Race Recap: City Challenge Race

For me, finding a good local race is a challenge. I tend to like interesting locales (such as this airport 5K) or great scenery (like this triathlon), and those can be hard to find in NYC. I don’t find running through the streets of Manhattan to be very appealing. So when I saw that the City Challenge Race was on Randall’s Island, I jumped right on it. The waterfront location (well, since it’s a small island, the entire thing is waterfront) provides a unique view of Manhattan without all the crowds. There aren’t too many places to do an obstacle race in the city, so I was so excited to try this one.

Angry face selfie!

The August 2nd Race Recap

I’d been to Icahn Stadium at Randall’s Island before, for the Girls on the Run 5K which I volunteer for. Walking through the parking lot, you can feel the excitement. Everyone is in their OCR best – compression sleeves, headbands, and crazy team t-shirts. Participants were taking pictures on the police car and taxi parked in front of the entrance, so I had to jump on that bandwagon.

Listen, I’m not a model…okay. *photo by @Sean_Virgo

Since this was not a mud run, I was eager to see what kind of obstacles the race would have (I didn’t check the website before…yeah, I definitely need to start looking at race details a bit more closely). I knew there would be some wall climbing and jumping over stuff, but since I’m used to barbed wire crawls and swimming in mud, I was curious too see how this event would challenge me.

I realized at some point before the start that I forgot my gloves. (Will do a blog post later with tips for obstacle racing.) Not good. Remember, I have a herniated disc in my back, plus inflammation in my left hip and knee, and plantar fasciitis in my left foot. So I did this race with a body that was only abut 30% healthy. :O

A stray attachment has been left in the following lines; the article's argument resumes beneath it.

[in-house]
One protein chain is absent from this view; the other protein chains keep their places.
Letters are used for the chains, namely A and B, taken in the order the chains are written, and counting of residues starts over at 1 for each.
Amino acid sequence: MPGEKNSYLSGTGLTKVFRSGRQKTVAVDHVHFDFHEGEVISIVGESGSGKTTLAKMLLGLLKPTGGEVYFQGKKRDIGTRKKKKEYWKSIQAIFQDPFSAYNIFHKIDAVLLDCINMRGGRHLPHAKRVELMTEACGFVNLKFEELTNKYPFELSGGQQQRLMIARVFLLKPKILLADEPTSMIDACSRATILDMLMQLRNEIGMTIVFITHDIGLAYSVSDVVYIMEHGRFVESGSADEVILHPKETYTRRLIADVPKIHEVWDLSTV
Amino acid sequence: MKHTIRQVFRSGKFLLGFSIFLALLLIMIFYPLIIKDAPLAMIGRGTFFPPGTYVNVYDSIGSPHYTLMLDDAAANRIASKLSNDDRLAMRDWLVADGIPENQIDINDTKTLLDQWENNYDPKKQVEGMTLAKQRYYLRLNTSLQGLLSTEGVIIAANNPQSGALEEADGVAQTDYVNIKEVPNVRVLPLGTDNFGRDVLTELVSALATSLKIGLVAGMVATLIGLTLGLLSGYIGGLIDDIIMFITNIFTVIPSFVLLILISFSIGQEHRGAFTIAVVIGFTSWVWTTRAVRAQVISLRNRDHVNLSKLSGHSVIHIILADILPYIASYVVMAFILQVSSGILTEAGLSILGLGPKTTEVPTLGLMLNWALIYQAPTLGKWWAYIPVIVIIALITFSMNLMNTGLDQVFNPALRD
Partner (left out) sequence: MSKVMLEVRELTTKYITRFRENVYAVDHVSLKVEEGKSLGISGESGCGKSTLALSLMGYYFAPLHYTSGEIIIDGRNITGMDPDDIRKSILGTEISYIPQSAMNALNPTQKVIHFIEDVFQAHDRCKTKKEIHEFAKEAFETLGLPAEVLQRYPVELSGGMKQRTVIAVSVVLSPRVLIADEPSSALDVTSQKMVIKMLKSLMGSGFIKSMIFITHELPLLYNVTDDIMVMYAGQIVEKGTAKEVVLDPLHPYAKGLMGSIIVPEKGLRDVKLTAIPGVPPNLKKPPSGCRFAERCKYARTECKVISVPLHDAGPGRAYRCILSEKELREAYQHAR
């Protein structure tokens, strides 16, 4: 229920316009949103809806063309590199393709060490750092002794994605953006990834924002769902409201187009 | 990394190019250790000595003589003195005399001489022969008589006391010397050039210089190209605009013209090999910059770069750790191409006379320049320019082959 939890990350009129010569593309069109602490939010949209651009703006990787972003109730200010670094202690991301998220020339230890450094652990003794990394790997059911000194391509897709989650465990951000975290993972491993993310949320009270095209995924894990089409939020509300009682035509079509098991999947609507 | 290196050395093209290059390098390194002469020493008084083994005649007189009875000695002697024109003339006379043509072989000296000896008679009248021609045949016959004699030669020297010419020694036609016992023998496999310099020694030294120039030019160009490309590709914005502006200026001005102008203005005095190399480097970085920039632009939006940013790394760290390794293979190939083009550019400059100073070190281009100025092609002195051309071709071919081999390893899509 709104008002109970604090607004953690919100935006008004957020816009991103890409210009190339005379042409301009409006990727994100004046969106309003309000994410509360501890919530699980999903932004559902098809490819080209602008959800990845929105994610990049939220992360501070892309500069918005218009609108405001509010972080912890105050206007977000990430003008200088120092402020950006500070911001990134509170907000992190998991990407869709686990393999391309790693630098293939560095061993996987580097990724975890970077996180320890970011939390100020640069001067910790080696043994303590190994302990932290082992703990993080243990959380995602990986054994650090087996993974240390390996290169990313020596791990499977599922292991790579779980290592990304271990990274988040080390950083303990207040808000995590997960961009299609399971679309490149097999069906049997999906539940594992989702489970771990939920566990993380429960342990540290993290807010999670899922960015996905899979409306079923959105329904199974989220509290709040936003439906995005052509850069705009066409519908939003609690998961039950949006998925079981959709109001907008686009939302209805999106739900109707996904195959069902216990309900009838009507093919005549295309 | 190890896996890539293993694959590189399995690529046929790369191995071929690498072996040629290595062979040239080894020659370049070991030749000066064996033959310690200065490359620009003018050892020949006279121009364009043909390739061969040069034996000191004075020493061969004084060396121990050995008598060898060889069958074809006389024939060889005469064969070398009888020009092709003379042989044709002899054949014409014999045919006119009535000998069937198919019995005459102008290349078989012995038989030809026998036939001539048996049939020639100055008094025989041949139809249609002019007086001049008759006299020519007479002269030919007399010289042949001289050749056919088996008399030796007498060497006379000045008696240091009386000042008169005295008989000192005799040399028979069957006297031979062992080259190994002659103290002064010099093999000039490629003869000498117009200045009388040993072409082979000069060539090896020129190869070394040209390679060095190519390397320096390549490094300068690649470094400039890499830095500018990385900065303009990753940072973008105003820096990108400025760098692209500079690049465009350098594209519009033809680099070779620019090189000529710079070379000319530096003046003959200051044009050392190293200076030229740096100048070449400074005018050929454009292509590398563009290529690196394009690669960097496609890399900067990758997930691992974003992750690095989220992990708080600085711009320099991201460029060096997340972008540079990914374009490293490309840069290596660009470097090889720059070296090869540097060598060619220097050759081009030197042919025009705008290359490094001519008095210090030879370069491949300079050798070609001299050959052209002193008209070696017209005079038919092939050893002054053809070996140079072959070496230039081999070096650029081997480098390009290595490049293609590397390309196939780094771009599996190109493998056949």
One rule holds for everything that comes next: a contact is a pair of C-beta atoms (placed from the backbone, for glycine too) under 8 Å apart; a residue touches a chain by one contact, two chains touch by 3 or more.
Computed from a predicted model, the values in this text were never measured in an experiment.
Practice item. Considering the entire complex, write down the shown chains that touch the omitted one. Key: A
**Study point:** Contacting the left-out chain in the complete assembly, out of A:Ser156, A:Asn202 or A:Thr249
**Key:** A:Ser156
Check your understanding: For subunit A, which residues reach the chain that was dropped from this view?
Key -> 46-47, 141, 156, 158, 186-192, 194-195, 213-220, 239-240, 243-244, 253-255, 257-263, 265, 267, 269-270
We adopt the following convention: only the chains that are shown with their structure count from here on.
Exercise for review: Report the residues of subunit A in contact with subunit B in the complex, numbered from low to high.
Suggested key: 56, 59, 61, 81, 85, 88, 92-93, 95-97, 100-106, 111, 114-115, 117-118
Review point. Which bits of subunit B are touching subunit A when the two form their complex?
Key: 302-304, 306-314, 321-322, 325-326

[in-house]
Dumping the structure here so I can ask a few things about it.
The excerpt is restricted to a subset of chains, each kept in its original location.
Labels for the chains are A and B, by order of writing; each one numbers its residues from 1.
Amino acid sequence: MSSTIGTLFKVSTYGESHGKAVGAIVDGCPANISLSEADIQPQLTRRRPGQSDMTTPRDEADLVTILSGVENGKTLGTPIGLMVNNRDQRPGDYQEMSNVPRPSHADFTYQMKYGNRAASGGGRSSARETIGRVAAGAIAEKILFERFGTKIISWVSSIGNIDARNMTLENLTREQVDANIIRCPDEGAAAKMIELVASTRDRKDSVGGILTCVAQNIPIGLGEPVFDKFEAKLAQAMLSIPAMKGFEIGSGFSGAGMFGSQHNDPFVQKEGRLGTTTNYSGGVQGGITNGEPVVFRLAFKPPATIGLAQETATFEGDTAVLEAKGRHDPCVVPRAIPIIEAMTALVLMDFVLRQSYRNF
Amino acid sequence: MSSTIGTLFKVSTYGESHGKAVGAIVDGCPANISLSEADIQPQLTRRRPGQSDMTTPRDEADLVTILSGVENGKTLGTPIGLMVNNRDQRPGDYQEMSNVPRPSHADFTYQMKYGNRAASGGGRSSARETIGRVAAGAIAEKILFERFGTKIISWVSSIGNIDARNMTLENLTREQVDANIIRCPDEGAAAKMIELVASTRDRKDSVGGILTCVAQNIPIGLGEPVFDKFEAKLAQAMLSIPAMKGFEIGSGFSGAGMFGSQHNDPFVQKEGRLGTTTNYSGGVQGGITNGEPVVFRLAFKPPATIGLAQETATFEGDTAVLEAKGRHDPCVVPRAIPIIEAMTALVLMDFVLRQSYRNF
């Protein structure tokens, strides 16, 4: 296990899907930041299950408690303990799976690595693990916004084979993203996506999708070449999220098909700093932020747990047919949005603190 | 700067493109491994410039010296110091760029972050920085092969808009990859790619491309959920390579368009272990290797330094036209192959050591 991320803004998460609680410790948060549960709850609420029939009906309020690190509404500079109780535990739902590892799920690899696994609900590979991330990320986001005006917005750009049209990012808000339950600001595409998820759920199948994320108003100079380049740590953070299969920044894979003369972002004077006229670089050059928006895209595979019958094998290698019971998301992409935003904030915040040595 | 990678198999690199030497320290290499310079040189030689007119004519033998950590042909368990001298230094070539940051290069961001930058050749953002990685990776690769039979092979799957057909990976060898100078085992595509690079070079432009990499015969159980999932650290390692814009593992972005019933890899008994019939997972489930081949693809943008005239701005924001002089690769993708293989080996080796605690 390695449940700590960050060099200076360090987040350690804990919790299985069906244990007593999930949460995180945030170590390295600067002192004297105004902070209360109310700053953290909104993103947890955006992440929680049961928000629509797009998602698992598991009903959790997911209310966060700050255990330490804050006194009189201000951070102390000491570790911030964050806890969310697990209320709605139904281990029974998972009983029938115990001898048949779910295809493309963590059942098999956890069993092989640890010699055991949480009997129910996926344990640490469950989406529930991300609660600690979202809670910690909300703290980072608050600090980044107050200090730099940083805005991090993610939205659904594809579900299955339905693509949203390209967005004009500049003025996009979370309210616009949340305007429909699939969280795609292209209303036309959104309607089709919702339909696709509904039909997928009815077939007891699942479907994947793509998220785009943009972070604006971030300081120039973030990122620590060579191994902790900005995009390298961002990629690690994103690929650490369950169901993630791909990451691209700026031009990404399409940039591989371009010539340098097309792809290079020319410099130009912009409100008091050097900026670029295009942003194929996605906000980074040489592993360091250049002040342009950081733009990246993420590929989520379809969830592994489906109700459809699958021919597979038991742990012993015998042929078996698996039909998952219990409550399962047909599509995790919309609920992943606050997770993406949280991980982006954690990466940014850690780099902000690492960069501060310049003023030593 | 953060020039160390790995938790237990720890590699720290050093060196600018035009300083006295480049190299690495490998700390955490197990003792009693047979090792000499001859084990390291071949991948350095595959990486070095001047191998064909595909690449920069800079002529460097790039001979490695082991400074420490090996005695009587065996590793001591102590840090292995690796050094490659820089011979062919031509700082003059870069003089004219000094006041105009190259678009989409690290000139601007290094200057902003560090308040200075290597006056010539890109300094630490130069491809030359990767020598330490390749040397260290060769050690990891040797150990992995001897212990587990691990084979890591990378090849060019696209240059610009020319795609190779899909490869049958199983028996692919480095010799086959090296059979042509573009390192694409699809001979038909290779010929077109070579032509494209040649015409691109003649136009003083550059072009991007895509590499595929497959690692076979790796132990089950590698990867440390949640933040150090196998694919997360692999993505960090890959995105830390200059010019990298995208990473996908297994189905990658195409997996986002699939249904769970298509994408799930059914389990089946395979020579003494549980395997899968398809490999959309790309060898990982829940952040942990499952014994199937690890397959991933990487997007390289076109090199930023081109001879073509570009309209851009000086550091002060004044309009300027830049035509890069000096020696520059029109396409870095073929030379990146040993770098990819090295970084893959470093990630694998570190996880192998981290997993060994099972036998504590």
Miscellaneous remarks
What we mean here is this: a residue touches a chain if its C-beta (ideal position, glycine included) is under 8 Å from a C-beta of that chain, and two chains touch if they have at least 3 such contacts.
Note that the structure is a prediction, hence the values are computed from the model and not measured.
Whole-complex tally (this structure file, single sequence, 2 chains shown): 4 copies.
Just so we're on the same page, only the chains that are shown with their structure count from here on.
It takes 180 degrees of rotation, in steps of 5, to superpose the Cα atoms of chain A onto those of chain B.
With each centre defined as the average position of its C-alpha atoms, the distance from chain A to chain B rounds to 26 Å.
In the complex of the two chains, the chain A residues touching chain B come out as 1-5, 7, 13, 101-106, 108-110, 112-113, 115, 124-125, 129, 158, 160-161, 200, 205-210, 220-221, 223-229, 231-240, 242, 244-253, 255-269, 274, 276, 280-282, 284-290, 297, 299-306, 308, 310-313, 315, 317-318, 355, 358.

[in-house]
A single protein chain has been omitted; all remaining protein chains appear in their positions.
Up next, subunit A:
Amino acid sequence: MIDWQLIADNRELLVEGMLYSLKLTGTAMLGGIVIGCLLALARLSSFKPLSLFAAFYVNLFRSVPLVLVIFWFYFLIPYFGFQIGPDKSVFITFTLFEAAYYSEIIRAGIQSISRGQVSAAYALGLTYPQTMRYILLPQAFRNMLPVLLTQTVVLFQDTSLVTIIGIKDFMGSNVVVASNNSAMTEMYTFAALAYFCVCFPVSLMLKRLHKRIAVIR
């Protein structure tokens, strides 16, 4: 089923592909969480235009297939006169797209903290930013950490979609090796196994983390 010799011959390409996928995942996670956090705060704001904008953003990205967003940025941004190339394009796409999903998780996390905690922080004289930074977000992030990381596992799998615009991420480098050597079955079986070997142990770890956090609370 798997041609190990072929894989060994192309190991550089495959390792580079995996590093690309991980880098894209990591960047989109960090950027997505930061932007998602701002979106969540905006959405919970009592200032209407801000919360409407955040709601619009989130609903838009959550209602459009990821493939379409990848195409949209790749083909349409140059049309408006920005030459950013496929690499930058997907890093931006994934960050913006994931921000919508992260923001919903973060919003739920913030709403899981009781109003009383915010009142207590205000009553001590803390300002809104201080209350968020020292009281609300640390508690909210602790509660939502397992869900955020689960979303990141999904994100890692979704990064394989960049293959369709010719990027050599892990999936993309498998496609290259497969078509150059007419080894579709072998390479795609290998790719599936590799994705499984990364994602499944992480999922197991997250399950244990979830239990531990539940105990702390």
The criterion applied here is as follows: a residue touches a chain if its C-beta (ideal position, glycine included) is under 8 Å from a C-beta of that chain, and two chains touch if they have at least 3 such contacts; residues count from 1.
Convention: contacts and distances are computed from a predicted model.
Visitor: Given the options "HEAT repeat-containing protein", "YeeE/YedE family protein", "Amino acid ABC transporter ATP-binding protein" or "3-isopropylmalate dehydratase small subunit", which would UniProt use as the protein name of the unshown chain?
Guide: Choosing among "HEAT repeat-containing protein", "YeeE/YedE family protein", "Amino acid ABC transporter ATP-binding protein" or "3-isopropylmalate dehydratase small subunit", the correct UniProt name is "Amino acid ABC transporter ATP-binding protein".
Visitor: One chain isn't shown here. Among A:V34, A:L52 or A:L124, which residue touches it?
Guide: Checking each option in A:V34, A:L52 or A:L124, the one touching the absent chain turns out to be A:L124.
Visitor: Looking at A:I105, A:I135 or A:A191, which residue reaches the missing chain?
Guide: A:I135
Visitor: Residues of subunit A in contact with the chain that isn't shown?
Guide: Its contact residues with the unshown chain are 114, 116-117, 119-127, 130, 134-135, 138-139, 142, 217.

HELLO! Can You see me?*photo by @Sean_Virgo

HELLO! Can You see me?*photo by @Sean_Virgo

At the start, the MC had us doing all sorts of warm up exercises – lunges, jumping jacks – and stretches. These are important, never skip them. They always use this time to boost your spirits, to motivate and inspire you to go as hard as possible. It’s a great start to a race that may be the very first race for some people. Here, standing in the corral, I watched such a variety of people, from future Mr. Olympia to grandmothers. It’s crazy how different the people who do these things are. And some of the outfits were amazeballs!

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The race starts on the track. *photo by @Sean_Virgo

At 10:30, the horn blew and we were off. I positioned myself in the back of the wave, since I knew I would be slow. Some people took off, only to have my slow ass pass them after only 50 yards. Pace yourself people!

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Man, it was hot! *photo by @Sean_Virgo

The first obstacle was climbing over a couple of metal partitions, and of course, I jumped right over it, banging my knee in the process. I’m gonna feel that later. Then we had to make it through some heavy bags, provided by CKO Kickboxing. Luckily no one was in front of me, so I flew right threw those.